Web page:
New Hampshire Flying Tigers RC Club
2017 Membership Application
Membership Dues and Fees
New Membership or Renewal
Glossary of Terms
AMA District One
Thanks and Kudos
New Hampshire Flying Tigers
NHFT Video and Photos
Sportair 40 Build
Building the Wing
Building the Fuselarge
Fun Fly Club Only
Sunday Get Together
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What is center of gravity (CG) and how do I check it
The center of gravity or CG is fore and aft balance of the aircraft. It is a point usually 30% back from the leading edge of the wing and normally provided in inches by the aircraft manufacturer. To check the CG Support the aircraft at the suggested location under the wing (on a high wing trainer. Low and mid wing aircraft are easier to check if inverted) the correct CG is achieved when a slight nose down position is achieved. To achieve this balance you can move the battery for or aft if this is not possibly you should add weight. Remember that a nose-heavy aircraft may fly badly but a tail-heavy aircraft will fly only once.
What's a range check and how do I perform one
A range check is an operation that verifies the integrity of your transmitter and receiver set up. To perform a range check, do the following.
Turn on your transmitter
Turn on your receiver
Walk away from your aircraft approximately 60 feet
Operate all control surfaces and watch for any abnormalities
Pre flight inspection
You must always do a pre flight inspection of your aircraft. Included in your student pilots package is a checklist, which lists the things, you should look for. This
is also available on the clubs web site.
What are the flight controls and what do they do
The four basic flight controls of an aircraft are throttle, rudder, elevator, and ailerons. The throttle controls the altitude (climb or descend) the rudder controls yaw (nose and tail move left and right) the elevator controls pitch (nose and tail move up and down) and the ailerons control roll (wing tips move up or down).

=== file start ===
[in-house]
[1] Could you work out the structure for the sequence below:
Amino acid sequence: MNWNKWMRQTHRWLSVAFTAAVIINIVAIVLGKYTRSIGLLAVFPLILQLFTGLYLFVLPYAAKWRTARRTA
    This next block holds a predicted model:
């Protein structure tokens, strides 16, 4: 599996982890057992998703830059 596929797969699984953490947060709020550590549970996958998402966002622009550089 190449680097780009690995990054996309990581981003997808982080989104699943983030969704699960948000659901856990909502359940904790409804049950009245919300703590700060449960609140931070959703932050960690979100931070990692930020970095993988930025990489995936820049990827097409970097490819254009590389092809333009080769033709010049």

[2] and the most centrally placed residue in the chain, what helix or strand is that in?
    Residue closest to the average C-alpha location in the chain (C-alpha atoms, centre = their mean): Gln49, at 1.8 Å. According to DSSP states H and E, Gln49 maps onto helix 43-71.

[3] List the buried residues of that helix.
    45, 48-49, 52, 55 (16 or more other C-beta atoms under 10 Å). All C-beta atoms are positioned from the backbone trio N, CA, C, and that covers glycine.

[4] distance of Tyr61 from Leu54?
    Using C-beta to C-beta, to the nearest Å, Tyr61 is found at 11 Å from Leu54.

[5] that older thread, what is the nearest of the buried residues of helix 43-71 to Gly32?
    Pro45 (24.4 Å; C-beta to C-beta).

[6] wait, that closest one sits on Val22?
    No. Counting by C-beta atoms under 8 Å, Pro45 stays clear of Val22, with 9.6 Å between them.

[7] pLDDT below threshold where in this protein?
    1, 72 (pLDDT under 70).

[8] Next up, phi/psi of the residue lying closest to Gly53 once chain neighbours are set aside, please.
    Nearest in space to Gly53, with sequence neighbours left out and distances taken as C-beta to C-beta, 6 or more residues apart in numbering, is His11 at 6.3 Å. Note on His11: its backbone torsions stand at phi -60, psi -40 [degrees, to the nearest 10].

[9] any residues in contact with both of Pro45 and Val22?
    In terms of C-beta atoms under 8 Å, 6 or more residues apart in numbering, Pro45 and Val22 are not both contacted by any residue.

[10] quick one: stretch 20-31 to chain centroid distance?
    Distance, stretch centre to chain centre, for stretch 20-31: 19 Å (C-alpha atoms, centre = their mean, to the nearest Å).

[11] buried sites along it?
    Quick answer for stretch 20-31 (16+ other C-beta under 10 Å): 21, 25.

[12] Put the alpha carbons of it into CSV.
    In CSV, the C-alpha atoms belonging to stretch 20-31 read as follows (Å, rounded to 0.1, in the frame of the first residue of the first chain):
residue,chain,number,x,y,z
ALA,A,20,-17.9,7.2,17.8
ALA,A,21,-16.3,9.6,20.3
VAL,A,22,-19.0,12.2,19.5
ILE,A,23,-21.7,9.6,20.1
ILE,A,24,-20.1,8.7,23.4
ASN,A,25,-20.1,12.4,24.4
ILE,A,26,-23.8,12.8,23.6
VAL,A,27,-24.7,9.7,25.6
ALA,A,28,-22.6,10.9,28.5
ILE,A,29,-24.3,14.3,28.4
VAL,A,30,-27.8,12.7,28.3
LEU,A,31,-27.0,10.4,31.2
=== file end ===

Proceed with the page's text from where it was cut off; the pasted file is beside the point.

Proper & safe engine starting&adjusting
Learning proper engine break in and tuning procedures is essential to becoming a qualified pilot. Included in your student-training package is a guide to help you with this. This guide is also available on the web site. Please do not be afraid to ask for help from an instructor or fellow club member. These engines are dangerous and can cause injury please be careful.
What are fight boundaries
Flight boundaries are areas designated by the club as no fly zones. Included in your student-training package is a map showing the clubs flight boundaries. This
is also available on our web site.
What is solo status
Solo status means that you are flying on your own without an instructor but must have a proficient member at the field while you fly. Please introduce your self and let the pilot know your intentions and be sure the pilot is willing to help you if you need it. Not all of our proficient members are willing to do this so please ask before you fly.
What is a proficient pilot
A proficient pilot is one who has taken and passed The New Hampshire Flying Tigers proficiency test. A copy of this
is in your student-training package and is also available on the web site. A proficient pilot may fly during any of our open flying time.
How do I become an Instructor
To become an instructor all you need to do is take the
instructor proficiency test
administered by two qualified instructors.
Fly In 2017
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